Inhera is a genetic test that looks for inherited genetic variants linked to an increased risk for cancer. 

About 1 in 10 cancer cases are due to a gene variant that can be passed down through family generations. Inhera can help you and your family to be aware of genetic cancer risks and protect the ones you love the most.

Early awareness

Inhera can detect genetic variants in genes related to an increased risk for cancer, helping you and your provider develop a personalized care plan that can often help reduce your risk or detect cancer at an earlier, more treatable stage. 

Helping your family determine risk

Because the tested gene mutations are inherited, your results can be important in shedding light on risk to family members as well as the patient being tested.

In combination with genetic counseling, genetic testing can help you and your family better understand your cancer risk and help you take the path to most effectively prevent, detect, and treat cancer.

Inhera Family of Tests

  • Inhera: BRCA1 and 2
    • Tests for genetic variants in the BRCA1 and BRCA2 genes that are associated with an increased risk of developing breast, ovarian, pancreatic, and prostate cancer. These genetic variants are often associated with a family history of these cancers.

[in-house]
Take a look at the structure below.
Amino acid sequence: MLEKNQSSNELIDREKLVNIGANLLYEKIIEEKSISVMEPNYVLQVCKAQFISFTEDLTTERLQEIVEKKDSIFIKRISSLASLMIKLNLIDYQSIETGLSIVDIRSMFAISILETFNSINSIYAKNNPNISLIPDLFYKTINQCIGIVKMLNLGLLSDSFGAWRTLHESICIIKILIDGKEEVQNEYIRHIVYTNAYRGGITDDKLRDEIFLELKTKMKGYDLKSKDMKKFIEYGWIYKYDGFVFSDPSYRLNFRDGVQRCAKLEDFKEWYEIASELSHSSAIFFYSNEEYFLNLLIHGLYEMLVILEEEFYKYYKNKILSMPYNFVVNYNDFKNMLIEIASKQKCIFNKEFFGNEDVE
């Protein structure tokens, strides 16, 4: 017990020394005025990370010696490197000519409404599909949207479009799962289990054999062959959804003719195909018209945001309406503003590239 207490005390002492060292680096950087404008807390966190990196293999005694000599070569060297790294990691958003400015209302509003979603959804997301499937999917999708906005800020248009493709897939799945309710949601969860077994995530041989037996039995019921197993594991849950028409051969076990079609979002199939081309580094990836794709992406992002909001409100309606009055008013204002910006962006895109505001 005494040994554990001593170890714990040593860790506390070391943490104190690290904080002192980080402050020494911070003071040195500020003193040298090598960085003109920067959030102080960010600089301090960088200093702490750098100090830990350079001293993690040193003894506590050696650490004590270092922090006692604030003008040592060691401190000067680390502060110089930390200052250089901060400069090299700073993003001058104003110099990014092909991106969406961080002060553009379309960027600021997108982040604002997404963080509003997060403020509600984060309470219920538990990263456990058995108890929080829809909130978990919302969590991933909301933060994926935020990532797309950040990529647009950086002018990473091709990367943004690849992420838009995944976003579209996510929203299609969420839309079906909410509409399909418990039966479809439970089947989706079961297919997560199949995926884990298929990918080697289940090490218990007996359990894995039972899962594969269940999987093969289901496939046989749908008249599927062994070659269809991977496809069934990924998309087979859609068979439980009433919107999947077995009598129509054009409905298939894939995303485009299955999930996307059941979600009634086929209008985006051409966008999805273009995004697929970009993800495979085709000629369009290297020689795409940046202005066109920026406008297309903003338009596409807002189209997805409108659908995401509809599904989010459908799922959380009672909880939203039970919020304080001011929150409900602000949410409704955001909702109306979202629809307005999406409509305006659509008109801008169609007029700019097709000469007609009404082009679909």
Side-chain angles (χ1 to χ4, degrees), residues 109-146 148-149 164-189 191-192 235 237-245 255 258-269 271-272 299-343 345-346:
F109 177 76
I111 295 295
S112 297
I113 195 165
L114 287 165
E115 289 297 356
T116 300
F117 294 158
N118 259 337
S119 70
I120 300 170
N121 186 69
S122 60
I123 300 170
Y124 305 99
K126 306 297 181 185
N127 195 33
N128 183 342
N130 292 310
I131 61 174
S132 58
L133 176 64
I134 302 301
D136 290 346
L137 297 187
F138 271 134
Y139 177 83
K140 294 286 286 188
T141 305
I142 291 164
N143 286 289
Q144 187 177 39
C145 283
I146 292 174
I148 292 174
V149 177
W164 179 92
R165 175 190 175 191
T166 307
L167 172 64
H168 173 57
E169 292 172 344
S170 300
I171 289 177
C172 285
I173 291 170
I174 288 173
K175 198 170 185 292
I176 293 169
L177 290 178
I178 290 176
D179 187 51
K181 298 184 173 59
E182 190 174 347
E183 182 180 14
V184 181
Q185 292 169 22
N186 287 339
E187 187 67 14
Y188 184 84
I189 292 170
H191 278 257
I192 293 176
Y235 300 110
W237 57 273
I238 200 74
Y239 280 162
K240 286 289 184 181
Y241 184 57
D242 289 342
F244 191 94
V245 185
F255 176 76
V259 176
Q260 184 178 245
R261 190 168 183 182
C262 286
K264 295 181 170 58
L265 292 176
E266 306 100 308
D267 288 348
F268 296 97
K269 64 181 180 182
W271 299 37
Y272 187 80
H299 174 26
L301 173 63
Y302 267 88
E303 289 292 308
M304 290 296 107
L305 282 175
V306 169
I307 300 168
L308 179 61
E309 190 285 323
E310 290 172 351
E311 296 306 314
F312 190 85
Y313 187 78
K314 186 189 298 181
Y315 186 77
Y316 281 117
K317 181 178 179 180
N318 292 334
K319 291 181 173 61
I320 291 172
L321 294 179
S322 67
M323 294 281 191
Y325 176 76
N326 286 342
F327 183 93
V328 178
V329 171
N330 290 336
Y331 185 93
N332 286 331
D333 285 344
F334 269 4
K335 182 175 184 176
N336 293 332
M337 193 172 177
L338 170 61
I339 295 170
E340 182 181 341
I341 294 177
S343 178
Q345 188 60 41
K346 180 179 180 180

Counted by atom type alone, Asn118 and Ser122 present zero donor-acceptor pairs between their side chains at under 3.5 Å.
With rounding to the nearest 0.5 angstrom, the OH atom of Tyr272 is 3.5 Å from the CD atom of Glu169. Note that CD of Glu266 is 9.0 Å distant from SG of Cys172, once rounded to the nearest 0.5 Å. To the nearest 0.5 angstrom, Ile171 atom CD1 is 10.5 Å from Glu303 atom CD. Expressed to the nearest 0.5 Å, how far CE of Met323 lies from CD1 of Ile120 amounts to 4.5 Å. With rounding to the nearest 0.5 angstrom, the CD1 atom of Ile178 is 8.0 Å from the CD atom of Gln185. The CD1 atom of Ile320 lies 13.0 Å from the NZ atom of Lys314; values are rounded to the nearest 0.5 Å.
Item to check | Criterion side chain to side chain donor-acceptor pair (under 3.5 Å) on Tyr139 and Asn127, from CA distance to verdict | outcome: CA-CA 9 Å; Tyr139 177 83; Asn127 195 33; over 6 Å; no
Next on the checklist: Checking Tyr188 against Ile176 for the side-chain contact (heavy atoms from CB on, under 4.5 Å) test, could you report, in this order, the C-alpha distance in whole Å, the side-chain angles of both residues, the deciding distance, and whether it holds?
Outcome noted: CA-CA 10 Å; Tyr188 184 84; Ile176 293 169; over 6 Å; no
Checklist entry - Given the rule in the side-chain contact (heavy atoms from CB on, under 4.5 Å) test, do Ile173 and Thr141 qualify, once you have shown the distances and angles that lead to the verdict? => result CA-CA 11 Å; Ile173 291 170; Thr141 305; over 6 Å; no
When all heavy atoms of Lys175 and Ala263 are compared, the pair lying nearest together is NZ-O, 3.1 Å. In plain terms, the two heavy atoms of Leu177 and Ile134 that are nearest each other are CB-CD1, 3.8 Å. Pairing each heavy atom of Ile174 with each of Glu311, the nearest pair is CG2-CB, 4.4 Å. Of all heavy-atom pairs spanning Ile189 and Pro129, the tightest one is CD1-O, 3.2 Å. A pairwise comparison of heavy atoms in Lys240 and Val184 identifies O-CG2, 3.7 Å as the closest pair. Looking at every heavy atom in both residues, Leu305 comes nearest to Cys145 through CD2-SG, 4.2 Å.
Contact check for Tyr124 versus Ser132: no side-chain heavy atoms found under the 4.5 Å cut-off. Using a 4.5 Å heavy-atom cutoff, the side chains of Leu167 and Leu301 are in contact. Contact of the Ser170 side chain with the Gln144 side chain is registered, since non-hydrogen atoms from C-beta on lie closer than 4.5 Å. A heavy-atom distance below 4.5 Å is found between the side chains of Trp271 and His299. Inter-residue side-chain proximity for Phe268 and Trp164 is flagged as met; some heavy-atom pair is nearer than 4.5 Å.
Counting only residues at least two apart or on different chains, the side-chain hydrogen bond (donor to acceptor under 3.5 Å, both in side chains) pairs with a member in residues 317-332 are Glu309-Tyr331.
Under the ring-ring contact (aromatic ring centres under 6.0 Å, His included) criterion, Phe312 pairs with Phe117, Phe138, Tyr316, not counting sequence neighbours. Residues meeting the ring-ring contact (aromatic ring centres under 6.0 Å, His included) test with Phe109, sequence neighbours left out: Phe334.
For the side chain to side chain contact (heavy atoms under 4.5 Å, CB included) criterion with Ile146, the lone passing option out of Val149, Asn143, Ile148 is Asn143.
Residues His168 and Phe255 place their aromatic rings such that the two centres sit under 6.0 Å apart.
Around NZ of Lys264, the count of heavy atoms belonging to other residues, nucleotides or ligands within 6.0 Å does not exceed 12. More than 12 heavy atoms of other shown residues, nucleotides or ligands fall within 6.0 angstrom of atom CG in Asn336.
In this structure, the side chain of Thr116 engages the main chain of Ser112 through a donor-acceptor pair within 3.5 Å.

• Inhera: Breast and Gynecological Cancer
    • Tests for genetic variants in 23 genes associated with an increased risk of developing breast, ovarian, and other gynecological cancers. This test also includes the BRCA1 and BRCA2 genes, which are most commonly altered in these cancers, but also screens other genes that have been linked to cancer risk. These genetic variants are often associated with a family history of breast and gynecologic cancers.
  • Inhera: Lynch Syndrome 
    • Inhera: Lynch Syndrome tests for genetic variants in five genes that are known to be associated with Lynch syndrome. These alterations have been linked with an increased risk of developing colorectal cancer as well as other cancers during a person's lifetime. 
  • Inhera: Colorectal Cancer
    • Tests for genetic variants in 18 genes that are associated with an increased risk of developing colorectal cancer, including the five Lynch Syndrome genes.
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Does your family have a history of cancer?

The first step in managing cancer risk is knowing your family history. These questions clarify whether an evaluation with an expert may benefit you.